It needs to be understood that under the deal struck with the BPE, Transcorp is expected to assume all of NITEL's commercial liabilities which still exceed N100 billion. Only the company's salary and pension obligation as well as gratuities and redundancy payments to be made to retiring staff and those that shall be laid off will be met by the Federal Government. Transcorp on the other hand, in addition to raising funds for NITEL's acquisition and settlement/restructuring of its debt obligations, will still need to inject a humongous amount of money to capitalise the firm.
Thus if Transcorp is the only company insane enough take on NITEL with its burgeoning liabilities then let it do so. I accept that from a strategic perspective NITEL can still be turned around due to the market opportunities that abound in a sector still underserved, achieving this feat however will be a tall order even for the most experienced and savviest of investors. Transcorp from my point of view hasn't quite grasped the enormity of the problems it is about to take on. This was glaringly apparent penultimate Monday when it ridiculously consented to BPE's stringent payment terms requiring it to raise $500 million in seven working days.
Even in the most mature markets, that amount could only have been raised in such short notice by a company awash with cash and not one aiming to finance its acquisition bid through a leveraged buyout. The National Council on Privatisation (NCP) hopefully shall give it a chance to redeem itself. Should the opportunity present itself, Transcorp must have the good sense to push for more realistic payment terms that will enable it pay for NITEL over a reasonable period and possibly in tranches.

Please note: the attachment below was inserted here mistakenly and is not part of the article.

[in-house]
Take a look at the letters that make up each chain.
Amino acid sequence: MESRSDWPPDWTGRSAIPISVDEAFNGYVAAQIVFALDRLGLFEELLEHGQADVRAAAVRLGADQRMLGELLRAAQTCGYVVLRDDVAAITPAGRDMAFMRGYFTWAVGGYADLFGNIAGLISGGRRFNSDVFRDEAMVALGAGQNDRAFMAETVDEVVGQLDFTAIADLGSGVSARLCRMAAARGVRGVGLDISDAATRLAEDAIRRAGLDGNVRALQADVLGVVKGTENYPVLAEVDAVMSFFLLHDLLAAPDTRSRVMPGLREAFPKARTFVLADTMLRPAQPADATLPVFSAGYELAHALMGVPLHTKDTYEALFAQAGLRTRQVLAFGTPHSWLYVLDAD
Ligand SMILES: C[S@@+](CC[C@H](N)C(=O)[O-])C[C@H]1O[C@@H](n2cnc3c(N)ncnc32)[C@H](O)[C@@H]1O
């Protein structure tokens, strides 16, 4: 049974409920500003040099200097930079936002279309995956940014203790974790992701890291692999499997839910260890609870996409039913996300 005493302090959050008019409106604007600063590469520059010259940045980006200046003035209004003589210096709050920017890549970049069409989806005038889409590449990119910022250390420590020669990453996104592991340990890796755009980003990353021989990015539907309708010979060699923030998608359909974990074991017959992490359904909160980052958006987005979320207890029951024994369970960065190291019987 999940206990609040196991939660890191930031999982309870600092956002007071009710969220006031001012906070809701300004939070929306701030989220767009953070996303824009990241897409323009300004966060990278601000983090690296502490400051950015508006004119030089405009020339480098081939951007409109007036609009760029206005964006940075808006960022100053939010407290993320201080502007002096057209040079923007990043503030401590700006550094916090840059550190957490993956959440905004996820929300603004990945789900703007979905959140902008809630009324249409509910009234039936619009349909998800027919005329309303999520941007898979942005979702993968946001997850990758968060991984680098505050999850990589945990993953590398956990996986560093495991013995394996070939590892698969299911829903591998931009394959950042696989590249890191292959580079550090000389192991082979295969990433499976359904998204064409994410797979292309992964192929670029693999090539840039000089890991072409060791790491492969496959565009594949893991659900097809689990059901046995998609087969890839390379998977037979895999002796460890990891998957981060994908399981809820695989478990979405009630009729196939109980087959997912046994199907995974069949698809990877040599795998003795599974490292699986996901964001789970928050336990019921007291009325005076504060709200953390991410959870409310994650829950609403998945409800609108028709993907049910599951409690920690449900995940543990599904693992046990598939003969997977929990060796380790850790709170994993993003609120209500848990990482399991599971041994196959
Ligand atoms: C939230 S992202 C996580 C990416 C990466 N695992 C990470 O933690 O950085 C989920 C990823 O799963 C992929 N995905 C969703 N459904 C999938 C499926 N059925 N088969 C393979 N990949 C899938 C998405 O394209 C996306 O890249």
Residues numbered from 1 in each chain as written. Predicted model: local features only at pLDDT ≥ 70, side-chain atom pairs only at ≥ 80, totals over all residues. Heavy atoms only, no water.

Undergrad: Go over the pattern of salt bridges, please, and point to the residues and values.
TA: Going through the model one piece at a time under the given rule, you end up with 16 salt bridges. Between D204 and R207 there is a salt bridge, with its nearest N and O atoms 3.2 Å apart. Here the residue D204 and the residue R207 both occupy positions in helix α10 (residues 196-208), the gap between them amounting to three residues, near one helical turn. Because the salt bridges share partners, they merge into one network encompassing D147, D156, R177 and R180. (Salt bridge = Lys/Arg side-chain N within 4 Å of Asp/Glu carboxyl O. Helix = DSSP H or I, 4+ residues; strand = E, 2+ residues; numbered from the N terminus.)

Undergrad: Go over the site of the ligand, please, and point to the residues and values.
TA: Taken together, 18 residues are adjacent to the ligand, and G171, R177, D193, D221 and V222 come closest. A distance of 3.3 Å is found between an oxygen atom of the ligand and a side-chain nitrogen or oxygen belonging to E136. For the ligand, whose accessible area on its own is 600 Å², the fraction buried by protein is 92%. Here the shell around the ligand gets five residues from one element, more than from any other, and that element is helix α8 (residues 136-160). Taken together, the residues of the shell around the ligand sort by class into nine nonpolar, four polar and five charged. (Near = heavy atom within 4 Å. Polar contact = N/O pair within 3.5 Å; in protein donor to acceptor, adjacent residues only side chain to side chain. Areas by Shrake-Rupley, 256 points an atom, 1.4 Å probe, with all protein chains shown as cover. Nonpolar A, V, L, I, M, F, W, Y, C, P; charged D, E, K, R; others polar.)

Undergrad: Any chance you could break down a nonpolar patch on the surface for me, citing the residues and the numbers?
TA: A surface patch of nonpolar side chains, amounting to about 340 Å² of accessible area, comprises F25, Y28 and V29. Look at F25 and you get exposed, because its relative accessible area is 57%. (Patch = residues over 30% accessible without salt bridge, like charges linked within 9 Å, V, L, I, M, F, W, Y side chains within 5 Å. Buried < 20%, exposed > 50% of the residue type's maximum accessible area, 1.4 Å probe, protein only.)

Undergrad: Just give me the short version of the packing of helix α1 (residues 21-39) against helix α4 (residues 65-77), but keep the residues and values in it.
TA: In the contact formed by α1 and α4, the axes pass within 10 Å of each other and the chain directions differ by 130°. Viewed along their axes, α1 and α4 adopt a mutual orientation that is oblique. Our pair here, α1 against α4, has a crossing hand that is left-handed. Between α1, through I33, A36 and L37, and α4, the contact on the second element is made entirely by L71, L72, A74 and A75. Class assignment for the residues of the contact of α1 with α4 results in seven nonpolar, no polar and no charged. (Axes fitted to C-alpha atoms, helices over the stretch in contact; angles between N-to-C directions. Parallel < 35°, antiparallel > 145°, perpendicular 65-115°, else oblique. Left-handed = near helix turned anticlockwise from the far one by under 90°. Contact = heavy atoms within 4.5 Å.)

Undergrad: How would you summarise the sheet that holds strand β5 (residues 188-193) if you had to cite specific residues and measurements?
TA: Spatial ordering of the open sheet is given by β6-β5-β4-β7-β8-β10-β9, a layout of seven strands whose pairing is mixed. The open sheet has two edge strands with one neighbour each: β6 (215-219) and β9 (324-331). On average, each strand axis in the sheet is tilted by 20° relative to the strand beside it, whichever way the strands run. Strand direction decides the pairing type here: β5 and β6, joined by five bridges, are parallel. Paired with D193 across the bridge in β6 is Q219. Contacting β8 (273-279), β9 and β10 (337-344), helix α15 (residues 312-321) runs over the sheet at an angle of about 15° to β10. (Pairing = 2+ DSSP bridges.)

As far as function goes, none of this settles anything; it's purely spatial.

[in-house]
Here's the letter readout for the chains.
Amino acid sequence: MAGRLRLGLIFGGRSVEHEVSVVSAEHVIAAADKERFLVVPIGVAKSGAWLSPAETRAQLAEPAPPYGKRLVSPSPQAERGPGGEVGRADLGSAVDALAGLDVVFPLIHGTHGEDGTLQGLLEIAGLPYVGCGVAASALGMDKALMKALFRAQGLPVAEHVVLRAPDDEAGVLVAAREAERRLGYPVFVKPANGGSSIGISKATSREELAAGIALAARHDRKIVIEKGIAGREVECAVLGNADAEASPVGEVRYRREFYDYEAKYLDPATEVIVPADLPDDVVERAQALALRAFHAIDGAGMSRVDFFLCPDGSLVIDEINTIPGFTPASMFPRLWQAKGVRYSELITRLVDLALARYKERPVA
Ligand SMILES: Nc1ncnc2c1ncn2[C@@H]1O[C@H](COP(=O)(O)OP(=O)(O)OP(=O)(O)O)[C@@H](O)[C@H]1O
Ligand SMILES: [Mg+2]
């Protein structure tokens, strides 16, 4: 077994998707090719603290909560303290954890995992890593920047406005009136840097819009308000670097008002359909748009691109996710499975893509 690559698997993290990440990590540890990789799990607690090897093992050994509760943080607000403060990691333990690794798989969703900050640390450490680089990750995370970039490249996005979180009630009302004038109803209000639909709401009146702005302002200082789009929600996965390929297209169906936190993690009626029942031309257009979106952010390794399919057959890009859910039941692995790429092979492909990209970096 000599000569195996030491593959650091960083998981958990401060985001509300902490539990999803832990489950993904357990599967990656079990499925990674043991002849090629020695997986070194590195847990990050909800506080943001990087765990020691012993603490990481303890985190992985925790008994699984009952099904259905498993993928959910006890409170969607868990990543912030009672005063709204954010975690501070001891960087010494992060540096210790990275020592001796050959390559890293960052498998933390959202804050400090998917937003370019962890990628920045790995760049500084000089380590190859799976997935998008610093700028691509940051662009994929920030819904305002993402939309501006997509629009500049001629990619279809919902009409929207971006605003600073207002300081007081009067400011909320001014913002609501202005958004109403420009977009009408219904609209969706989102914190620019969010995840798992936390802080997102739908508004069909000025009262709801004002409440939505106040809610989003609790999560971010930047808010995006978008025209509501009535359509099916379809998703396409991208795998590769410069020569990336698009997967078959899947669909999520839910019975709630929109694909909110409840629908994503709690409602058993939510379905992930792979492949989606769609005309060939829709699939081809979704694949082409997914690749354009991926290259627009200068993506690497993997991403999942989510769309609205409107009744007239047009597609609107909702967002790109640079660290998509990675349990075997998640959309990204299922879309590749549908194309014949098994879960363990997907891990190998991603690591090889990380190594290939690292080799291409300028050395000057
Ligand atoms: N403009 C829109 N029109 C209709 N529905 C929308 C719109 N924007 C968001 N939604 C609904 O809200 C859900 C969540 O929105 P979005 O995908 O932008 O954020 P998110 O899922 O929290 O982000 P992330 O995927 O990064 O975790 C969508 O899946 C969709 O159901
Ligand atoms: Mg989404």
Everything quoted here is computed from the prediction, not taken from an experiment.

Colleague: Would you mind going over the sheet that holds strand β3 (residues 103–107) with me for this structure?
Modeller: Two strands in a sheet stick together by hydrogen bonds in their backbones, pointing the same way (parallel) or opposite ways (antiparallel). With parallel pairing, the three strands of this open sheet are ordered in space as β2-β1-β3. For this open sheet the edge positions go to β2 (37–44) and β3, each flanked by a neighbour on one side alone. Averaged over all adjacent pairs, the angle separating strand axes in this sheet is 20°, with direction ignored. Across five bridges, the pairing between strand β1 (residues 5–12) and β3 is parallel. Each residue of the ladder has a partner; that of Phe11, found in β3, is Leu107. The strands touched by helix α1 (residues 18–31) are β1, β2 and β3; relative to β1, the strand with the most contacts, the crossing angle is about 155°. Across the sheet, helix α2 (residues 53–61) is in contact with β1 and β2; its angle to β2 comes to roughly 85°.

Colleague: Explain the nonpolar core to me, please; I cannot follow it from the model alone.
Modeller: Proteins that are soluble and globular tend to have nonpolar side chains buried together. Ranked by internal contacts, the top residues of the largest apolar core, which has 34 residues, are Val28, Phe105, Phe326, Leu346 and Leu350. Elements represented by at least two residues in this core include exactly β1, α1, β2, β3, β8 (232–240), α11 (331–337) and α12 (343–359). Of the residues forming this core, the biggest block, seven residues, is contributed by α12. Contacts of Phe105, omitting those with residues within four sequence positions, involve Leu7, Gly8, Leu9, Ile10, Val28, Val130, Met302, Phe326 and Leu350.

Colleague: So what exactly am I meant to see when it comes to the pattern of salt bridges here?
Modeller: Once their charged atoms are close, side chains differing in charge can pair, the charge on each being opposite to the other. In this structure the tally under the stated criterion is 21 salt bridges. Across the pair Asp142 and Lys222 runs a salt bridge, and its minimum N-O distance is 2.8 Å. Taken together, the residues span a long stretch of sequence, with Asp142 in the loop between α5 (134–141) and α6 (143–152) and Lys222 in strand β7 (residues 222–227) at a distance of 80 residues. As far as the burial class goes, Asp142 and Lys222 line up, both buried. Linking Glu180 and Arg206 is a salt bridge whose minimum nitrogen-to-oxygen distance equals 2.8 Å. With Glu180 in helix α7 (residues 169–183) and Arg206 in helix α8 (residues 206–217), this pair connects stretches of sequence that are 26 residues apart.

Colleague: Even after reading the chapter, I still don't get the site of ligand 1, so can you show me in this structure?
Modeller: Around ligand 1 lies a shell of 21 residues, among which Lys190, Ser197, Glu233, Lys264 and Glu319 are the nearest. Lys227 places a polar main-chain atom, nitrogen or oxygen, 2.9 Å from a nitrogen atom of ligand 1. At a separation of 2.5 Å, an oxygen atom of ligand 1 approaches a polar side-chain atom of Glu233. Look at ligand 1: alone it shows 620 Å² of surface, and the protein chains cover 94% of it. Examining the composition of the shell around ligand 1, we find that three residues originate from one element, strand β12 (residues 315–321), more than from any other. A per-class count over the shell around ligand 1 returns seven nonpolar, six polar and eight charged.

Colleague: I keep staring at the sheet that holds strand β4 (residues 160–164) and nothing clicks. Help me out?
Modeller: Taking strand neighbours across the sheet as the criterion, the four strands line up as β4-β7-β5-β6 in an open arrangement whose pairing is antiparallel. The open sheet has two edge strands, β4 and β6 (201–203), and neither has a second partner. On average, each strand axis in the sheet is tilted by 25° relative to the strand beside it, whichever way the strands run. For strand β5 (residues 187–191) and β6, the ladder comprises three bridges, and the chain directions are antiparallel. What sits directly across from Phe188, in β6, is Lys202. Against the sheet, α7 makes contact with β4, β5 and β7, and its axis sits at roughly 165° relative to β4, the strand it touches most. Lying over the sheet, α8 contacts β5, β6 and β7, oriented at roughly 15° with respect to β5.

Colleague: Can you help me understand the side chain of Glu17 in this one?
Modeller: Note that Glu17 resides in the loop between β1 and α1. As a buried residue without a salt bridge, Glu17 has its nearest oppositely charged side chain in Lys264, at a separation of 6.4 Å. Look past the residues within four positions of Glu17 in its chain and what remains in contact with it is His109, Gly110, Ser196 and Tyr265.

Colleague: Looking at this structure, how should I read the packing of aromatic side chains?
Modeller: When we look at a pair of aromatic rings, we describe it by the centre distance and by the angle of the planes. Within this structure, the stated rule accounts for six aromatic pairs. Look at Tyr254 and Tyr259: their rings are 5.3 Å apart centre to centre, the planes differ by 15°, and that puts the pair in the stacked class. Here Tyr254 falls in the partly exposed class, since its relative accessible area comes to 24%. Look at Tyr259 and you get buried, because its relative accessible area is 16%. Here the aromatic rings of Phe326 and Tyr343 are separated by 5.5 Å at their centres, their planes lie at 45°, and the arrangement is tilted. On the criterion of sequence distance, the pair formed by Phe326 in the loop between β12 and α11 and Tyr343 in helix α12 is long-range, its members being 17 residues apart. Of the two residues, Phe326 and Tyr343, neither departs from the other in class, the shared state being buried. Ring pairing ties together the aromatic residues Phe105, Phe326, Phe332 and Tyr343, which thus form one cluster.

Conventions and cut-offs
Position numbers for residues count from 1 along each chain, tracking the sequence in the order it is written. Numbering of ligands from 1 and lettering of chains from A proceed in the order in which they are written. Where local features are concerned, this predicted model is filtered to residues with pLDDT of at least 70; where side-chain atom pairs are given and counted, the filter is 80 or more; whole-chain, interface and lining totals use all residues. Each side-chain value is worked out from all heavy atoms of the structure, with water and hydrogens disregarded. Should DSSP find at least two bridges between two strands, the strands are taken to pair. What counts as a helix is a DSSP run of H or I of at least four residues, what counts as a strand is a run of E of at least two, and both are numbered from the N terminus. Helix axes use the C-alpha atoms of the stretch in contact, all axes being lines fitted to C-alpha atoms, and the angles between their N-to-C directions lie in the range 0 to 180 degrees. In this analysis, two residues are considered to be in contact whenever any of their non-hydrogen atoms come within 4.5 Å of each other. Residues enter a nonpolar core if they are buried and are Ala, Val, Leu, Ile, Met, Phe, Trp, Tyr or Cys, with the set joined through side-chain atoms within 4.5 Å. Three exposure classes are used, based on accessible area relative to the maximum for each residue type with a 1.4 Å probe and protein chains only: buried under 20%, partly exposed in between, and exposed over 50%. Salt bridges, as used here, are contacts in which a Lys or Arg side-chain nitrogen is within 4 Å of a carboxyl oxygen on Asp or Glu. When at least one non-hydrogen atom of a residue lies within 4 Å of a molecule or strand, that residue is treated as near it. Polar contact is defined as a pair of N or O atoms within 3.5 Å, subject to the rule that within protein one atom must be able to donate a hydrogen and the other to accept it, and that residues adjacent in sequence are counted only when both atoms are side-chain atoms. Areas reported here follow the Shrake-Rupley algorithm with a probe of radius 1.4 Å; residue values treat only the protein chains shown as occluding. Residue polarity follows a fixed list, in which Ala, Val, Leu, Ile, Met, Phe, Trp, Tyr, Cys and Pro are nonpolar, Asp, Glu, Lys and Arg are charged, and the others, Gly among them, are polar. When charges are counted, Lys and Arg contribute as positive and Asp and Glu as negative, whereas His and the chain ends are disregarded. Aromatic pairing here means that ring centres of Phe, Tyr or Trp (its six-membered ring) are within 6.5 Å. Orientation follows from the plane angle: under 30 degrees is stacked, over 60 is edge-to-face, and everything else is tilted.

A decision on the other hand, to restart the process of privatising NITEL would most certainly push the enterprise over the edge. Time and time again, the BPE has repeatedly failed to privatise the company through open and competitive tenders. It has also failed to attract the right caliber of investors to take over the enterprise in spite of the impressive growth recorded in the telecommunications sector in the last five years. Even foreign investors who once showed any inkling of interest in NITEL were either compelled to withdraw in the face of its massive debt overhang or made offers considered too low.
The only worthy competitor once capable of giving Transcorp a run for its money was Telkom South Africa. But for reasons I find difficult to accept the Federal Government has determined that it will not be in Nigeria's strategic interest to allow another South African firm ride rough shod in the telecommunications sector. That being the case, we have no choice other than to settle for an investor that is anything but perfect. Let's just hope this gamble pays off.